We recently launched Coffee Talk, a virtual series where we gather small groups of close friends of the firm practicing in the same sector to share advice and stories about how they’re responding to the pandemic.
This week, we sat down with seven heads of fundraising at an array of arts organizations—museums, performing arts, and outdoor art—for a fascinating and timely discussion. Here we captured a number of topics top of mind for them.
Arts organizations across the nation have had to close their doors, postpone their seasons, cancel galas, performances, and festivals that contribute substantially to their funding.
With this in mind, how should membership programs be addressed?
Our coffee talk participants all agreed that now is the time for your fundraising team to personally call each and every one of your patrons and high-level members. First, ask how they are doing and tell them what you are doing to both weather the impact of the pandemic and to keep them and others engaged. Then, consider providing them with the opportunity to request a refund for the membership/subscription dues they have already paid, but do not automatically assume they will take it. Instead, offer them options: They could, of course, receive a full refund if they need. Alternatively, they could gift the value of their membership or tickets to help the organization bolster itself and maintain creativity while closed – or perhaps a partial refund and a partial gift. Some have already seen success with this strategy.
One of our participants shared that in presenting these options to her subscribers, 50% have chosen to donate their tickets back. Since only 25% of their subscribers are also donors, this strategy has revealed a group of potential donors that they wouldn’t otherwise have.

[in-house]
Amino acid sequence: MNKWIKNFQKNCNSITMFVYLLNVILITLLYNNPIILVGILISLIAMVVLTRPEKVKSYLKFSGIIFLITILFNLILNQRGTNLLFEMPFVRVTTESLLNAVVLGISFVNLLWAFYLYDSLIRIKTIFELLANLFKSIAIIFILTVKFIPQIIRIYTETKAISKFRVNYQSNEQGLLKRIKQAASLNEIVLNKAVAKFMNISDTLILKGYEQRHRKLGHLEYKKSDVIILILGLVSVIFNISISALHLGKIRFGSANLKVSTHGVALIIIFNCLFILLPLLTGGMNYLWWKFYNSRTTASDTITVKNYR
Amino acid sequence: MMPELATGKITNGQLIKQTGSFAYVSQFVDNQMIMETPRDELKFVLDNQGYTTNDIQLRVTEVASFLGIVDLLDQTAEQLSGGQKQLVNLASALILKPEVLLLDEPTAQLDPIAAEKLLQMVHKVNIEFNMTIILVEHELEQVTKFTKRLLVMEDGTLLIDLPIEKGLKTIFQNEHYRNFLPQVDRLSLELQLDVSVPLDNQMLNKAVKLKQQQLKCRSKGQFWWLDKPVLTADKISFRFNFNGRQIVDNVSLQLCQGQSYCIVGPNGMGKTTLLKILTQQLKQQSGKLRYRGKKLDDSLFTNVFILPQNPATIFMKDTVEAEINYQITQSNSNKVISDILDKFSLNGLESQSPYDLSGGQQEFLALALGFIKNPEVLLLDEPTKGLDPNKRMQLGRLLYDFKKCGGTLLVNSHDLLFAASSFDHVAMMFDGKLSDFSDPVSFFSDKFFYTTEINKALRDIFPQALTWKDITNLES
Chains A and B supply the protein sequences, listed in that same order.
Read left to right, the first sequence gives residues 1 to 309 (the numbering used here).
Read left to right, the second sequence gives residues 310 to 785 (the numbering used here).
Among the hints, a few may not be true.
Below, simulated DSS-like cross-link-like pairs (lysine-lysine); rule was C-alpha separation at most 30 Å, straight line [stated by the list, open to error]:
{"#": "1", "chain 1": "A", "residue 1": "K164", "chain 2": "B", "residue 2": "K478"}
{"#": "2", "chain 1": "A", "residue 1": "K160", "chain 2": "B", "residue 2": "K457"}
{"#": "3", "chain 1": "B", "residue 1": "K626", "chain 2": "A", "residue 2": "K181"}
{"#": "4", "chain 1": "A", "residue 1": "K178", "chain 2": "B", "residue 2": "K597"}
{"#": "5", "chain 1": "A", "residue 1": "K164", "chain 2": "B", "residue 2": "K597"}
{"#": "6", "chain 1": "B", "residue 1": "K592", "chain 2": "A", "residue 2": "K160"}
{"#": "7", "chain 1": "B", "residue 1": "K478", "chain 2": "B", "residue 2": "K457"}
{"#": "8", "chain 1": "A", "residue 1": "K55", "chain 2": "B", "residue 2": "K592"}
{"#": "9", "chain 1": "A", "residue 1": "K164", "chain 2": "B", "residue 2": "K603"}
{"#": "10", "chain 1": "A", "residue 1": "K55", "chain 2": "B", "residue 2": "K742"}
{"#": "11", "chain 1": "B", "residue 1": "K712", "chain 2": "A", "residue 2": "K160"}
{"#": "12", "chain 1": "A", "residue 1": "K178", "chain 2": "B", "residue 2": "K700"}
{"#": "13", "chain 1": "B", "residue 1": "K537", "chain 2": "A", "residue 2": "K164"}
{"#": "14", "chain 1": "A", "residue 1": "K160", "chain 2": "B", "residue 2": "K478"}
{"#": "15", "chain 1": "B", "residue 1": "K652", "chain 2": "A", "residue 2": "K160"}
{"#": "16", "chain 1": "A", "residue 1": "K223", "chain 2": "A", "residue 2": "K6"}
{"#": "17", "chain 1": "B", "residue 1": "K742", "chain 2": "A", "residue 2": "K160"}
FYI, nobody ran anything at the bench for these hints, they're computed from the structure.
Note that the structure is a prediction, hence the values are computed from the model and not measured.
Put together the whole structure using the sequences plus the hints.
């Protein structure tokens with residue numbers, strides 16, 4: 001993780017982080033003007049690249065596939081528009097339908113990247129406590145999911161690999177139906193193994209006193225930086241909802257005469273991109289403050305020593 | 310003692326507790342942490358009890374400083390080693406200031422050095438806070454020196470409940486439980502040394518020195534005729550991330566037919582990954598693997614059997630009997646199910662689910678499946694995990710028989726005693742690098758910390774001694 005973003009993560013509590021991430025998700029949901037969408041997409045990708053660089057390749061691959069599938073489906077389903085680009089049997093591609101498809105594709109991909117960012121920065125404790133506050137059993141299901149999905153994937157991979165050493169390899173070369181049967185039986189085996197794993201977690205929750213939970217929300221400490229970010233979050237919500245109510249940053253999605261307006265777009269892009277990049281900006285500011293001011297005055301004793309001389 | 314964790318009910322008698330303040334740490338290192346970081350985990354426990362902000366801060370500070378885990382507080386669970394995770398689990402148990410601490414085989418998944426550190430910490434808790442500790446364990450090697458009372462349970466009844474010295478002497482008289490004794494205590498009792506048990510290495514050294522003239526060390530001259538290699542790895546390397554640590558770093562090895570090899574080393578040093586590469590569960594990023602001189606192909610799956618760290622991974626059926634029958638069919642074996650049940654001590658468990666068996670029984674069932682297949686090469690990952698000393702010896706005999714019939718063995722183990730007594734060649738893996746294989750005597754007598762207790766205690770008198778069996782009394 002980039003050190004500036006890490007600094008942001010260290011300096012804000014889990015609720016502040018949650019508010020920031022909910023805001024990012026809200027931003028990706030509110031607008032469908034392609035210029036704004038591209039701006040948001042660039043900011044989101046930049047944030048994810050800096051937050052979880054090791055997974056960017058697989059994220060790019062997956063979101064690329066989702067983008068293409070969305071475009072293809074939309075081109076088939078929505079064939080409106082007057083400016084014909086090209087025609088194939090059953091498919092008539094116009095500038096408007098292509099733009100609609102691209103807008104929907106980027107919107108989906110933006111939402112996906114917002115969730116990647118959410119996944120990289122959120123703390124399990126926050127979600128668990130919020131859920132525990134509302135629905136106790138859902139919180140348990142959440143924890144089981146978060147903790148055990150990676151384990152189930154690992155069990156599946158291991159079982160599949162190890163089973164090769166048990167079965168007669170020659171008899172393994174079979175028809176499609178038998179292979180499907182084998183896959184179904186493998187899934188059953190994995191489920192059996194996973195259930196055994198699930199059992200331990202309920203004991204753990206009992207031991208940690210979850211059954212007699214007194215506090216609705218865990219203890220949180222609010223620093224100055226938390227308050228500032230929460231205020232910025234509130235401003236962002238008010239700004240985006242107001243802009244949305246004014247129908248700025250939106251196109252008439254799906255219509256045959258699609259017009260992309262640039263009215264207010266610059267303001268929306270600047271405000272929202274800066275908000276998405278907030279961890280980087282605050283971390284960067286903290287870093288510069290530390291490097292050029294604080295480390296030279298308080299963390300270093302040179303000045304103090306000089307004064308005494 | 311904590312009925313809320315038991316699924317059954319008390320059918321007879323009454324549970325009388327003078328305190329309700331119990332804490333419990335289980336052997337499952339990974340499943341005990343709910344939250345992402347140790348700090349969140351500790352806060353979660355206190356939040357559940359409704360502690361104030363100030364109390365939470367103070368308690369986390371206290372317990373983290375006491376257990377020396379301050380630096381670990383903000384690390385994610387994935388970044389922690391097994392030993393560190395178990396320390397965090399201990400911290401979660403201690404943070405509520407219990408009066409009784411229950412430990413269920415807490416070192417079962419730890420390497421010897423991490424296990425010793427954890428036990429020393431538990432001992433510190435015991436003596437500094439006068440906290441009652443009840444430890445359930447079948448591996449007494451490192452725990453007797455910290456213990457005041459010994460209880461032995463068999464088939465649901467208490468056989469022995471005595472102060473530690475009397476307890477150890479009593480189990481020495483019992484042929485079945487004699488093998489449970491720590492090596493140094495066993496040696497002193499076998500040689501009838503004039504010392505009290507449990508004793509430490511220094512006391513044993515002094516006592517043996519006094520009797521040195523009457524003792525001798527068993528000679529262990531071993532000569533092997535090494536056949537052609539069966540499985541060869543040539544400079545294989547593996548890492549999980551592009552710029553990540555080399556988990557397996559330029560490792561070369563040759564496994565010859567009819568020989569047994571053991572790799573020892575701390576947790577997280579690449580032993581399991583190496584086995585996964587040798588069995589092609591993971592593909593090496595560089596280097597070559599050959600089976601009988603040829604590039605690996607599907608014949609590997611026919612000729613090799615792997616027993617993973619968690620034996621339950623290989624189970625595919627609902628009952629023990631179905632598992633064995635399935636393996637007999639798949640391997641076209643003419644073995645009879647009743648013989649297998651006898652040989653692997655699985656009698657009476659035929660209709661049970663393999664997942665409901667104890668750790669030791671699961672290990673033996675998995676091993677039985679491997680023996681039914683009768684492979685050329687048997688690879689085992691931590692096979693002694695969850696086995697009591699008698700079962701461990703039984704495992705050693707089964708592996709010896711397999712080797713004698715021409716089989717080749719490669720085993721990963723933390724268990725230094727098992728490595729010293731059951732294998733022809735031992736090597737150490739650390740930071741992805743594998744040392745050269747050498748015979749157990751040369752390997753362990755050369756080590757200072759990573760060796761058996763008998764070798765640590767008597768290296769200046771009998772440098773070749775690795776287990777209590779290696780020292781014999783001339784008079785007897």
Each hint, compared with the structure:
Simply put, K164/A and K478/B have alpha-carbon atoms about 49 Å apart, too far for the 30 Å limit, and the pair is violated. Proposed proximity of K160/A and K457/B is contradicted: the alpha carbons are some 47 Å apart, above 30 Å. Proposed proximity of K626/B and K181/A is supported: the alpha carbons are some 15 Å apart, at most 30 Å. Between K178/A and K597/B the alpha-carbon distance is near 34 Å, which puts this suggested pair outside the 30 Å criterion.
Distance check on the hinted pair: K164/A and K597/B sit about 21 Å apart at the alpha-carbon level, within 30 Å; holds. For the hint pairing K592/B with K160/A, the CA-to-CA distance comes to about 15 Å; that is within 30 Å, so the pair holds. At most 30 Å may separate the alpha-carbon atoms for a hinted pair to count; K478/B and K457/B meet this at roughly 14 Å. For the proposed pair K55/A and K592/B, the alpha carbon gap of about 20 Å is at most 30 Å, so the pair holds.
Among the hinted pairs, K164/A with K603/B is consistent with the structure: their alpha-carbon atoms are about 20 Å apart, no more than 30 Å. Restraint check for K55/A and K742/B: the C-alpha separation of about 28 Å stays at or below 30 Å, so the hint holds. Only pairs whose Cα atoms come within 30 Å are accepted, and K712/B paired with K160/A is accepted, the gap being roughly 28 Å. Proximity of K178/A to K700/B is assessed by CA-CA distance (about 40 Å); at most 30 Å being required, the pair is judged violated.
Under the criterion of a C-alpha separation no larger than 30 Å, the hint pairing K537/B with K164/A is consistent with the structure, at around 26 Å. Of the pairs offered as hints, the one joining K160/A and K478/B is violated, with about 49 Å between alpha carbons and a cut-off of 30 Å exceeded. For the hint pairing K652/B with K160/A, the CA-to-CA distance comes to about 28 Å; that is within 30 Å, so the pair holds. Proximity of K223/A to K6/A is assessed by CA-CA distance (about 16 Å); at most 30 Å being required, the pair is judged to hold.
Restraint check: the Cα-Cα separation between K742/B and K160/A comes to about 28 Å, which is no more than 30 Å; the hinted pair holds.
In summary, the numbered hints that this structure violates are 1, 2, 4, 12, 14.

How can we keep constituents engaged?
Many arts organizations are feeling the pressure to create virtual content—and do so quickly… After all, it is everywhere! However, all of our participants emphasized the importance of staying true to your organization’s brand and being strategic in your marketing and communications. What feels right for one arts organization may not feel right for yours. Fast might not be the answer. Better will definitely serve you well.
Virtual content is not the whole answer. Coffee Talk participants got some good ideas going when they started talking about alternating virtual content with the high touch engagement that is more typical for them. Some were offering small group “visits” via Zoom – tea, porch talk, “chats” with your artistic director (questions submitted in advance)! Maybe even encourage your donors, friends, and community members to be creative on their own. One participant shared their idea for inviting friends to “make” art via a creative prompt from the organization and then share it back. The idea is to create a virtual network of creativity that keeps friends connected in a great way.
Can we continue to make asks when we don’t have a lot to offer right now?
During the recession of 2008, arts organizations—particularly small ones—were hit disproportionately. The same is true now. Then, many of these nonprofits paused their philanthropic efforts entirely, and as a result, their fundraising recovery took a long time – longer than was perhaps necessary.
Our participants emphasized the importance of learning from the past. This time they will not stop asking. They will pause and be respectful of the swirl around them and their prospects. And they will soften their approach. But they all intend to continue educating their audience about the impact of the pandemic on their organization; and making the right asks at the right time. Many patrons of the arts remember 2008 and do not want to see organizations that they love struggle excessively – or even close for good. They have a different sense of urgency and some wonderful support is happening. NYC’s COVID-19 Response and Impact Fund is just one example.